Procedures Performed During Pregnancy

At either your first or second OB visit you will begin having your routine OB lab work.  This will include a urine culture, cultures for Chlamydia & Gonorrhea, a Pap smear, and blood work. This blood work will include your blood type, antibody screen, a complete blood count, immunity to Rubella (German Measles), a screen for Syphilis, HIV and Hepatitis B.  If you are African-American, you will be tested for Sickle Cell anemia (if there is no previous history of this test having already been done ).  You will also be given information concerning Cystic Fibrosis screening.  Your doctor will review this information with you.  Should you desire this testing, the blood work may be drawn as soon as you decide.

Influenza is caused by a virus that spreads from infected persons to the nose and throat of others.  The “Flu Season” starts in October or November and lasts through March or April of every year.  Pregnant and postpartum women are at higher risk for severe illness and complications from influenza than women who are not pregnant because of changes in the immune system, heart, and lungs during pregnancy. Vaccination during pregnancy has been shown to protect infants from influenza. The ACIP and American College of Obstetricians and Gynecologists (ACOG) recommends that all women who are pregnant or who might be pregnant during influenza season receive the Influenza vaccine because of this increased risk for serious illness and complications from influenza . Influenza vaccination can be administered at any time during pregnancy, before and during the influenza season.

During your first trimester of pregnancy your doctor will review information with you regarding 1st trimester screening for genetic defects (Down’s syndrome, Trisomy 18).  This screening is an ultrasound done in conjunction with a very specific blood test.  The two combined will give the risk ratio for these genetic occurrences.  (Remember, this is only a screening test.)  If your result puts you at an increased risk your physician will discuss the possibility of further testing.

Between 16-18 weeks of pregnancy your doctor may recommend the Alpha-Fetoprotein (AFP) test.  This blood test helps to identify neural tube defects (defects involving the development of the baby’s brain and spine).  If you have elected to have the 1st trimester screening this test may not be necessary.  Your doctor will discuss this with you.

At 16 weeks, we offer a “gender only” ultrasound for those patients that wish to find out the sex of their baby before their anatomy ultrasound.  This is not covered by insurance, so there is a fee for this service.

Between 18-20 weeks you will have your fetal anatomy ultrasound.  Please remember to schedule this appointment IN ADDITION to your routine monthly OB visit.  While we will gladly provide you with ultrasound pictures after your visit, we do not videotape the ultrasound. This ultrasound is considered routine and is done to assess all of the fetal organs and diagnostic measurements will be taken.  If you are asked to return for an additional ultrasound do not be alarmed, sometimes the baby will just not position themselves where every area can be evaluated!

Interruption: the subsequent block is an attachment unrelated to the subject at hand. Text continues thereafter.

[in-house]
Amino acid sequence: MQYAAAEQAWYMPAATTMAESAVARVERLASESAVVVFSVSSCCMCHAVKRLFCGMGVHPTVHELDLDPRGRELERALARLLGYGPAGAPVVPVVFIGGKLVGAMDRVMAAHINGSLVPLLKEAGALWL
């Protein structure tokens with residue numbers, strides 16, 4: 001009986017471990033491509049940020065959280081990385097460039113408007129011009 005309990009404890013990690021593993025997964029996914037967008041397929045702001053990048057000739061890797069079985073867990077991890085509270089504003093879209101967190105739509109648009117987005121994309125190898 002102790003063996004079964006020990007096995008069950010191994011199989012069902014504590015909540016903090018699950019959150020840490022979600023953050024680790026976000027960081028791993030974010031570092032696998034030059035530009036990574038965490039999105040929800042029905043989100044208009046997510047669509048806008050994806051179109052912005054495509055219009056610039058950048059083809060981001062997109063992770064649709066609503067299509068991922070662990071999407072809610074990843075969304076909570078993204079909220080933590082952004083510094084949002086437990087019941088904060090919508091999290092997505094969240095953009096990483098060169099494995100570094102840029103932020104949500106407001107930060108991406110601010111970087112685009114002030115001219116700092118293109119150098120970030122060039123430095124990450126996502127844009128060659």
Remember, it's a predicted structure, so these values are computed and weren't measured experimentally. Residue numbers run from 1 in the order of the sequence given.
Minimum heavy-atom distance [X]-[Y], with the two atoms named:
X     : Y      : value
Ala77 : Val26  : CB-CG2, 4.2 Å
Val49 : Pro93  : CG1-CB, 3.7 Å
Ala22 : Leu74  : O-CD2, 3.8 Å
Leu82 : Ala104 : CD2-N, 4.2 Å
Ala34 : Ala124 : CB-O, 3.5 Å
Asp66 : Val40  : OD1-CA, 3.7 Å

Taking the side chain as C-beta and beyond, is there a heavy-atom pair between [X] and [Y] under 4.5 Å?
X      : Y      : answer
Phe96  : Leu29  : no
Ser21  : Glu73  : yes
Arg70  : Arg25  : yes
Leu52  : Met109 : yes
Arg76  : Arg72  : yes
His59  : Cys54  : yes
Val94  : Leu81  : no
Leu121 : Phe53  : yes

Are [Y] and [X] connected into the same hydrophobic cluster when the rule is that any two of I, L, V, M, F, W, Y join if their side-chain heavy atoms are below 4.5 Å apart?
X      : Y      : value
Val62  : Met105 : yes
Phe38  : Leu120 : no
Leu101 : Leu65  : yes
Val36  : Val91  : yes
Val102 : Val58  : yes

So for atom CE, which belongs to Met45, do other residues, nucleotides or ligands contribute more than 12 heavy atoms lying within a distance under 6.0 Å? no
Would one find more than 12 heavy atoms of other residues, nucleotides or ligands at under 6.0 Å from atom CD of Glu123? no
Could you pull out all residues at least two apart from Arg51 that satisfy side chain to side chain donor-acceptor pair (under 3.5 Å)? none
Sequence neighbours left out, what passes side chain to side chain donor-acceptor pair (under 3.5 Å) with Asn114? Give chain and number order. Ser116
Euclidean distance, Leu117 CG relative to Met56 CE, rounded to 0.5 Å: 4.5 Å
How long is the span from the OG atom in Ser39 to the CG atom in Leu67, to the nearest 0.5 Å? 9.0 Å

At 26-28 weeks you will be screened for Gestational Diabetes.  This test involves drinking a measured amount of a glucose drink.  After 1 hour your blood sugar will be checked.  Your hematocrit (anemia screen) will be tested at this time also.  You do NOT need to be fasting for this procedure. You may eat a regular diet, but do try to avoid sweets the day before and the day of your test.  At this time you will also be screened again for HIV (as required by law).  If your blood type is Rh negative you will have another antibody screen drawn at this time as well.  If your blood type is Rh Negative and your partner is Rh Positive (or unknown) you will also receive a Rhogam injection at this visit.  Be prepared to be in the office for at least 1.5 hours.   At this visit, your physician also recommends you receive a Tdap (Tetanus, Diphtheria, Pertussis) vaccination.  The CDC & ACOG recommend that all pregnant women be vaccinated with EACH pregnancy because receiving this vaccination in the third trimester actually gives your baby immunity for the first two months after they are born.  Pertussis (whooping cough) is extremely dangerous for infants and young children. 

Between 28-32 weeks of pregnancy you will have the opportunity to schedule a “Bonding Ultrasound”.  This ultrasound is completely elective and done just for fun.  Since this is just for fun we do not file insurance and the cost is $200.  Your sonographer will give you additional information on this 4-D ultrasound but basically it is a 30 minute scan of your baby for you and others you invite to watch your unborn baby in motion!

Finally, at 35-36 weeks you may be screened for Group B Streptococcus (GBS).  If you were treated for GBS early in your pregnancy as detected by the urine culture results you will not have this screen.  GBS is a bacteria that is sometimes found in the reproductive tracts of women and can possibly be passed to the baby during delivery.  The screen consists simply of a vaginal culture done in conjunction with your routine pelvic exam.  If this result is positive (or your urine culture was positive), your doctor will advise you of precautions that will be taken during labor including intravenous antibiotics.